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Ecuador | capitulation trade

| March 13, 2020

This document is intended for institutional investors and is not subject to all of the independence and disclosure standards applicable to debt research reports prepared for retail investors.

Ecuador’s latest austerity package faces a vicious cycle of lower oil prices. For the package to work, external shocks need to resolve or oil prices need to stabilize. The country’s bonds look oversold only if oil prices recover in coming weeks or months and the Moreno administration remains committed to debt repayment.

The country’s initial reaction to the oil shock was to compensate for lost revenues with a combination of potential loans, spending cutbacks and de facto reaffirmation of a willingness to pay debt. It’s fortunate that the country has only one Eurobond maturity on March 24 with the next amortization not until 2022. The latest central bank data shows treasury deposits at $886 million on March 6 and a recent transfer of $284 million of funds from SOEs, which is more than enough to cover this $350 million Eurobond payment.  There are still repo obligations ($500 million) and coupon payments to monitor (around $1.5 billion annualized). The commitment to debt service will depend on how they manage cash flow stress and the duration and intensity of the external shock.

It’s been a capitulation trade. Ecuador, with superior liquidity and inferior credit ratings, has been caught in the backlash of severe contagion. There are too many bonds and too few buyers under the constraint of the split B-/Caa1 credit ratings. The investor sentiment remains weak, and pricing reinforces the (mis)interpretation of a high probability of default. The current prices are now not far from the 30% historical recovery value on nearly 100% probability of default. It seems natural to start thinking about recovery value exercises; however, this is premature. It’s first important to understand the context and timing of a potential default. The willingness to pay is now at its highest on the initial phase of the external shock with ECUA’20 discounting a high probability for payment. The price convergence between Ecuador/Argentina prices contradicts the relative default risks and near term willingness to pay.

It’s encouraging that there was such an immediate response from the Moreno administration on announcing an austerity package; however, the measures were insufficient to immunize against the market stress.  This is probably for two reasons: 1.) lower oil prices require more measures to compensate for lost revenues and 2.) credibility deficit on fiscal adjustment after the backsliding last year.  If Ecuador makes the payment on March 24, that should reaffirm the near term ability and willingness to pay; however, the liquidity stress will worsen if oil prices continue lower or current prices continue for an extended period.

It now becomes a function on follow-through for execution and managing any social fallout.  The execution now becomes critical if external contagion continues over the next few weeks.  It would then require extraordinary resolve to prioritize coupon payments and manage the social stress of the economy vulnerable to a recession. There is only $1.5 billion in annual coupons with these payments dependent upon commitment to an austerity program and identifying other sources of liquidity.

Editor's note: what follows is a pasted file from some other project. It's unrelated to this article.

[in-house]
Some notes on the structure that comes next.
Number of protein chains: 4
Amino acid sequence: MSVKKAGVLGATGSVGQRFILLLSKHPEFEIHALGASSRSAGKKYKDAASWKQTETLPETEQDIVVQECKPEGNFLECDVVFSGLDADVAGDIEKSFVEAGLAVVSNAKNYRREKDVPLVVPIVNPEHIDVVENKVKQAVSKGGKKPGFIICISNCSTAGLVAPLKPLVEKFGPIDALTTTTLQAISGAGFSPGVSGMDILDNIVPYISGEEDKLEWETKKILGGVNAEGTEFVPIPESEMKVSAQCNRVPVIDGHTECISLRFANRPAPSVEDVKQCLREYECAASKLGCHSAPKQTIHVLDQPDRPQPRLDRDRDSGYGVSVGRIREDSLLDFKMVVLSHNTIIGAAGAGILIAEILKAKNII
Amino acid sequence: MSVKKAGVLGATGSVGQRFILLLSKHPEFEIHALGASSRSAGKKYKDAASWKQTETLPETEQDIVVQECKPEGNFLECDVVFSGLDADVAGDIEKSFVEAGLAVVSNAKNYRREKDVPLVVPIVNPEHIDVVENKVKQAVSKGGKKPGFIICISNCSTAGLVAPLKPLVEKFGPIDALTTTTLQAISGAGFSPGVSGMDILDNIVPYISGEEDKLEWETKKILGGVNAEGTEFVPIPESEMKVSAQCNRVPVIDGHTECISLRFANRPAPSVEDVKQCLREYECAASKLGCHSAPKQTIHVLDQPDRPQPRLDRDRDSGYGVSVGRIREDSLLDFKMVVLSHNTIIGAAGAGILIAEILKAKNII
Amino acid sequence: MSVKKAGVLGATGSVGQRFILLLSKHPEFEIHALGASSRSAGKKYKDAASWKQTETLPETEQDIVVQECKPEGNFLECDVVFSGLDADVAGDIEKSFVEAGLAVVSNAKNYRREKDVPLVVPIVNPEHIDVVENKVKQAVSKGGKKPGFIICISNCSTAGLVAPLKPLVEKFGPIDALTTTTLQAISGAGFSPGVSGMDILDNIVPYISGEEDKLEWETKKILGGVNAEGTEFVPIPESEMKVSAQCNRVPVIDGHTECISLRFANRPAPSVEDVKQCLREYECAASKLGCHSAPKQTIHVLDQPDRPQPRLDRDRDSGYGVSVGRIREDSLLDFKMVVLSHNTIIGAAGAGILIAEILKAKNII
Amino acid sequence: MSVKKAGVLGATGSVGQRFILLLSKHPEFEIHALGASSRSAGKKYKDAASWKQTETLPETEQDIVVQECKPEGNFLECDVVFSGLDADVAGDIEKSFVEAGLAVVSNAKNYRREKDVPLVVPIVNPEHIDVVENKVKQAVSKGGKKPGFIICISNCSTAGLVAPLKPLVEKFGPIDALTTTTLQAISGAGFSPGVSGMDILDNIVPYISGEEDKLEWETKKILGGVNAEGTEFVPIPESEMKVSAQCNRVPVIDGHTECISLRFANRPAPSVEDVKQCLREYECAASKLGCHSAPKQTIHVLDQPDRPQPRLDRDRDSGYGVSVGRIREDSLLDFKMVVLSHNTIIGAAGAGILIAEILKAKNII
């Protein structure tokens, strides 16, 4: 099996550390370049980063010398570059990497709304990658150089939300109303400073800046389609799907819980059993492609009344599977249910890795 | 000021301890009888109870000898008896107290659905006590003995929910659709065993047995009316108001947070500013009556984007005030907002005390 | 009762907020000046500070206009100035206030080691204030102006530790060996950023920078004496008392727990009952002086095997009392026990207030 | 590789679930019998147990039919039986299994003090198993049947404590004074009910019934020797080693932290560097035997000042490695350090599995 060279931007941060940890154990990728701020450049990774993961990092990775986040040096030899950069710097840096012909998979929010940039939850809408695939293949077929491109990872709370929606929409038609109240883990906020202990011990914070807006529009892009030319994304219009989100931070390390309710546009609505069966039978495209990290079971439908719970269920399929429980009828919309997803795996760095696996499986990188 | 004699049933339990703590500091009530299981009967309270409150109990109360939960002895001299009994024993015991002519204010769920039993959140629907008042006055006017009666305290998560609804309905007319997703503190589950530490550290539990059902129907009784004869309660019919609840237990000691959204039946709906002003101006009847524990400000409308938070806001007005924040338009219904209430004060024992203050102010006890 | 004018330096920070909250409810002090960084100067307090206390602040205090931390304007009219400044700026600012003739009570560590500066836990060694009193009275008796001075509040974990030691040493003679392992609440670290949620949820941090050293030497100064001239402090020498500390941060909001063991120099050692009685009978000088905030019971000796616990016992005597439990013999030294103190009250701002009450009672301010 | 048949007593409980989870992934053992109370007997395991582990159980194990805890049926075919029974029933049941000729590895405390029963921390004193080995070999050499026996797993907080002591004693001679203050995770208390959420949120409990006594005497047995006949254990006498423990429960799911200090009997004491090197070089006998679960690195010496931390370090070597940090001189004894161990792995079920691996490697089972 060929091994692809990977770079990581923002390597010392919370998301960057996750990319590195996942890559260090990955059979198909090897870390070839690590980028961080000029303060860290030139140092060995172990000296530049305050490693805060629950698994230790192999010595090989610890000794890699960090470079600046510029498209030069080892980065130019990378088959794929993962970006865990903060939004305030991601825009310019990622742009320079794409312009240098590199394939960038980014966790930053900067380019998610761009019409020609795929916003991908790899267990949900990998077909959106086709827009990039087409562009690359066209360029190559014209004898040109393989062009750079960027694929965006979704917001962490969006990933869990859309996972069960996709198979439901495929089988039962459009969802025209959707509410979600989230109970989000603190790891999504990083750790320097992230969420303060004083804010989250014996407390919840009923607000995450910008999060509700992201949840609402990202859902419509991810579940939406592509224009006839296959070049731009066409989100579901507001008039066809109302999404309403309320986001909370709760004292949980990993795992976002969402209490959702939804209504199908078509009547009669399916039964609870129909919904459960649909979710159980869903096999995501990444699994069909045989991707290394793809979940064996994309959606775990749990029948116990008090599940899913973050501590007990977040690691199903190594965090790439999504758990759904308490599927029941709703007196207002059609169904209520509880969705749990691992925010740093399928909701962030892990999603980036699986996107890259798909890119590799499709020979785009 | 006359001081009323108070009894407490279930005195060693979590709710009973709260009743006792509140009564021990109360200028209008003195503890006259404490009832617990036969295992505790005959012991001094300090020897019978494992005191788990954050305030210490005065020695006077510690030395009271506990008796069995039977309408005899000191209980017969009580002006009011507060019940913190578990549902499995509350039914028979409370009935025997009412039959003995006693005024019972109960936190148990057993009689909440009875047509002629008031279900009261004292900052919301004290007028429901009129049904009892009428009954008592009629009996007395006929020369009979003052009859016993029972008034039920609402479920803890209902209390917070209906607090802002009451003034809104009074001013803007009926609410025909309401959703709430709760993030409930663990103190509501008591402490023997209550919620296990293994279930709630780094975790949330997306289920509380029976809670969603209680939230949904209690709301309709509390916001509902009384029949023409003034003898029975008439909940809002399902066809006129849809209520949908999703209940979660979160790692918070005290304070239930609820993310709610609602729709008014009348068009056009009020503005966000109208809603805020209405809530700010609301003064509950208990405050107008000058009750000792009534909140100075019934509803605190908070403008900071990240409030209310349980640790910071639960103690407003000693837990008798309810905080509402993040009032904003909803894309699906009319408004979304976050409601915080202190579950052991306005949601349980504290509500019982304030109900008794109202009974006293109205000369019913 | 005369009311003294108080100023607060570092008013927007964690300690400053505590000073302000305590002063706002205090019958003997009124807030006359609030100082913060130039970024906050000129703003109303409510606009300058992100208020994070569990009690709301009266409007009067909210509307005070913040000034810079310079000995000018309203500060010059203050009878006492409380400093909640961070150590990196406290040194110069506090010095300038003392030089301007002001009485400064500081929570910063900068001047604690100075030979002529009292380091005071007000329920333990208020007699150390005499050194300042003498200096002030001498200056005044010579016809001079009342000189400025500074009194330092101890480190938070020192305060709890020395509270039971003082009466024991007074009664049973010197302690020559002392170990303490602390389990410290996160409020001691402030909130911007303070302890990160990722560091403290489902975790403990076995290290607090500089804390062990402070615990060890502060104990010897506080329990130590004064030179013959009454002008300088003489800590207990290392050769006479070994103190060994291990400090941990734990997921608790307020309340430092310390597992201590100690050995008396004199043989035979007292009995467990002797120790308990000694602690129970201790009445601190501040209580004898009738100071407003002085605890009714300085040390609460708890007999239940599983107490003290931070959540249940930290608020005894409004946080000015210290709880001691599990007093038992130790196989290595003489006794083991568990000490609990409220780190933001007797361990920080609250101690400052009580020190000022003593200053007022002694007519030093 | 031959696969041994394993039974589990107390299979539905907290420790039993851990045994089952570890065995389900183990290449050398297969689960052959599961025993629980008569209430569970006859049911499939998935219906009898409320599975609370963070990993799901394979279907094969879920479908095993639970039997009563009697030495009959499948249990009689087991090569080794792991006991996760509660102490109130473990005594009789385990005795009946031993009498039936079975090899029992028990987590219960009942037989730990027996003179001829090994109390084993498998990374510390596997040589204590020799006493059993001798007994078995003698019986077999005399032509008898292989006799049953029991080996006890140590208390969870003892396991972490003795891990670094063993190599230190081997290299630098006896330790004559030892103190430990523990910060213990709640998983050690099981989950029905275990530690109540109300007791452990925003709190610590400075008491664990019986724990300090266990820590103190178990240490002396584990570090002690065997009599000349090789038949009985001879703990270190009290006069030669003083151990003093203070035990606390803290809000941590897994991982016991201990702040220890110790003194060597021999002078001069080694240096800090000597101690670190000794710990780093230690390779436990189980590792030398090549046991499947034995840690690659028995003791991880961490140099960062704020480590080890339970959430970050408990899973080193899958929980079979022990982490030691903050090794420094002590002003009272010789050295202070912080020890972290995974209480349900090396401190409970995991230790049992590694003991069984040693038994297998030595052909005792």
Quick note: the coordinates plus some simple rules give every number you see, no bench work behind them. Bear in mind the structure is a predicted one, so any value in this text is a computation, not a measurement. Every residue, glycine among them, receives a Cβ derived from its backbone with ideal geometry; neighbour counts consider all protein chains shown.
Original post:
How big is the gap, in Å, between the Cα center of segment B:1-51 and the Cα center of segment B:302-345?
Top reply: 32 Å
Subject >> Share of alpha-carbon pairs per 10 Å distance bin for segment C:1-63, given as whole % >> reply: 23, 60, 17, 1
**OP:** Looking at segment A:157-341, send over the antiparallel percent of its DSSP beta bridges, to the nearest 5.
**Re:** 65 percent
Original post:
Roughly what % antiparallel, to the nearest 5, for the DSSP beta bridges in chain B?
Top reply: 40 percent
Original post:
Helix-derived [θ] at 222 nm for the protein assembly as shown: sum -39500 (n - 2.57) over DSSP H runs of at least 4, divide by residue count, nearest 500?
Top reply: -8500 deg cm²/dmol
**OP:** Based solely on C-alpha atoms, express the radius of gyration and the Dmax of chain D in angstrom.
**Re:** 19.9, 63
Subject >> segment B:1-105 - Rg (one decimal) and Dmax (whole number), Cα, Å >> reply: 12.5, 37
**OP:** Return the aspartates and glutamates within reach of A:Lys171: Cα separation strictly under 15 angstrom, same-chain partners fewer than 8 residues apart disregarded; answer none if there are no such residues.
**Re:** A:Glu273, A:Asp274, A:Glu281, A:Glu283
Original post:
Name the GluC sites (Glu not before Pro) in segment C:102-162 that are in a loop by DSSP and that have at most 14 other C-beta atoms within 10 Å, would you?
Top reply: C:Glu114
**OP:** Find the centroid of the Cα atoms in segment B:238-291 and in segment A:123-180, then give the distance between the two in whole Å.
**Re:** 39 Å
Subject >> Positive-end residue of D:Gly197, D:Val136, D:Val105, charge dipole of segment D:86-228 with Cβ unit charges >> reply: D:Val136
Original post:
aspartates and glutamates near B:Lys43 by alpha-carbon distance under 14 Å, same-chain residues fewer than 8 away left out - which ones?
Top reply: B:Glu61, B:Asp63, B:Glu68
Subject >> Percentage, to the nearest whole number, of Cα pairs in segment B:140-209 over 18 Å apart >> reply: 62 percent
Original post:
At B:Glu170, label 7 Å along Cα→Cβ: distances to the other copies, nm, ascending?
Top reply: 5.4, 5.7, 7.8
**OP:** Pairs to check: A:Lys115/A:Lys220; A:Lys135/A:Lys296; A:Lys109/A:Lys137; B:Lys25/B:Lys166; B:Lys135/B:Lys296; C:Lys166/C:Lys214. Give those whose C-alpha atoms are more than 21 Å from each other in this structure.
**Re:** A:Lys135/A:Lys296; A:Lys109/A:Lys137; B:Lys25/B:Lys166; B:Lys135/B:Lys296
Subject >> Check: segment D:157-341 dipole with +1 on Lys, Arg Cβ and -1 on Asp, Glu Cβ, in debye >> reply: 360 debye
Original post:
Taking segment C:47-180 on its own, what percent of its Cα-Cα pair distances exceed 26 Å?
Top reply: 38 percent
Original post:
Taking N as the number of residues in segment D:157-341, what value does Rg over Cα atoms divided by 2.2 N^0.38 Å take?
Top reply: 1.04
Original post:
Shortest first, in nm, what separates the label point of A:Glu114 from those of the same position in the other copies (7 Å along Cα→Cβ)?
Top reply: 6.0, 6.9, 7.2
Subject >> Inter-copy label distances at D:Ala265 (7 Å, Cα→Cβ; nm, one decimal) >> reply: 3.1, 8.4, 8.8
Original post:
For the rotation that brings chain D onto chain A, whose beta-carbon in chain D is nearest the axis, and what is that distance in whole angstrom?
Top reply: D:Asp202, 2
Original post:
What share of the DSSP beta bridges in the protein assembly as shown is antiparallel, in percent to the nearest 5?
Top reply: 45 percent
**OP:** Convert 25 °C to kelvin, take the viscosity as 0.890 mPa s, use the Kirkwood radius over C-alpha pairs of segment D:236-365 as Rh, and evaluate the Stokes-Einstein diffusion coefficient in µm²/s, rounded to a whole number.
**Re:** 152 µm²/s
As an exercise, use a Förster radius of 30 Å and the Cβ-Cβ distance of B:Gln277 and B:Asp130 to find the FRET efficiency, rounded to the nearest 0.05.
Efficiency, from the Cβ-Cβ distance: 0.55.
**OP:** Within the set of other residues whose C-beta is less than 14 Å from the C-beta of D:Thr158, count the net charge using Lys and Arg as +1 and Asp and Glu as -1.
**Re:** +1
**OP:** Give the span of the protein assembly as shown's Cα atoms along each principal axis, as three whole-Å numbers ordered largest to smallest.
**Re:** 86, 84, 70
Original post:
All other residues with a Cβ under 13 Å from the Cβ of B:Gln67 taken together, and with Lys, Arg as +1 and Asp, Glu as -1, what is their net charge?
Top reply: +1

The latest press release discusses $2 billion in new financing late this month/early next month and ongoing debt liability management negotiations with bilateral creditors (China).  It’s not clear the source of funds – perhaps new repo lines of credit?  The press releases also states continuous coordination with the IMF and now recent focus on the rapid financing instrument (RFI). The potential RFI funds of $500 million are not an obvious substitute to the $2.8 billion remaining on the IMF disbursements through December 2021 with the other $2.7 billion multilateral funds also probably in suspension.  The recent IMF statements seem collaborative; however the recent measures have not yet prompted an official resumption of the EFF. Finance Minister Martinez suggested a new calendar for disbursement as early as next week.

The National Assembly is now back in session. There are a few bills that will represent a litmus test for solidarity and awareness about the severity of the external shocks. The obstructionist opposition like Revolución Ciudadana has been vocal about their opposition as well as labor union FUT and indigenous organization CONAIE; however it’s critical that center right parties like CREO realign with the governing coalition.  There was widespread support for President Moreno in the aftermath of the Quito protests in October.  It’s now important that the political establishment is responsive to the budgetary stress and supportive on the economic reform legislation like the budgetary structural reform law of best practices and transparency as well as the newly proposed one-off tax on luxury vehicles ($220 million of the $2.25 billion austerity package). These specific measures may not represent important cashflow relief; however it would represent an important show of solidarity for a country that needs broader social acceptance of the austerity measures. The risk is whether the debate shifts from pro-cyclical to counter-cyclical policies.  There has been renewed dialogue between the economic team and the legislative coalition to build support with submission expected on March 16.  It’s now a scraping by process to reduce budgetary stress and retain support against pro-cyclical policies. The current bond prices may still maintain a high correlation to oil prices; however the near 100% probability of default remains out of synch with strong intentions near term to remain solvent ahead of the ECUA’20 payment on March 24.

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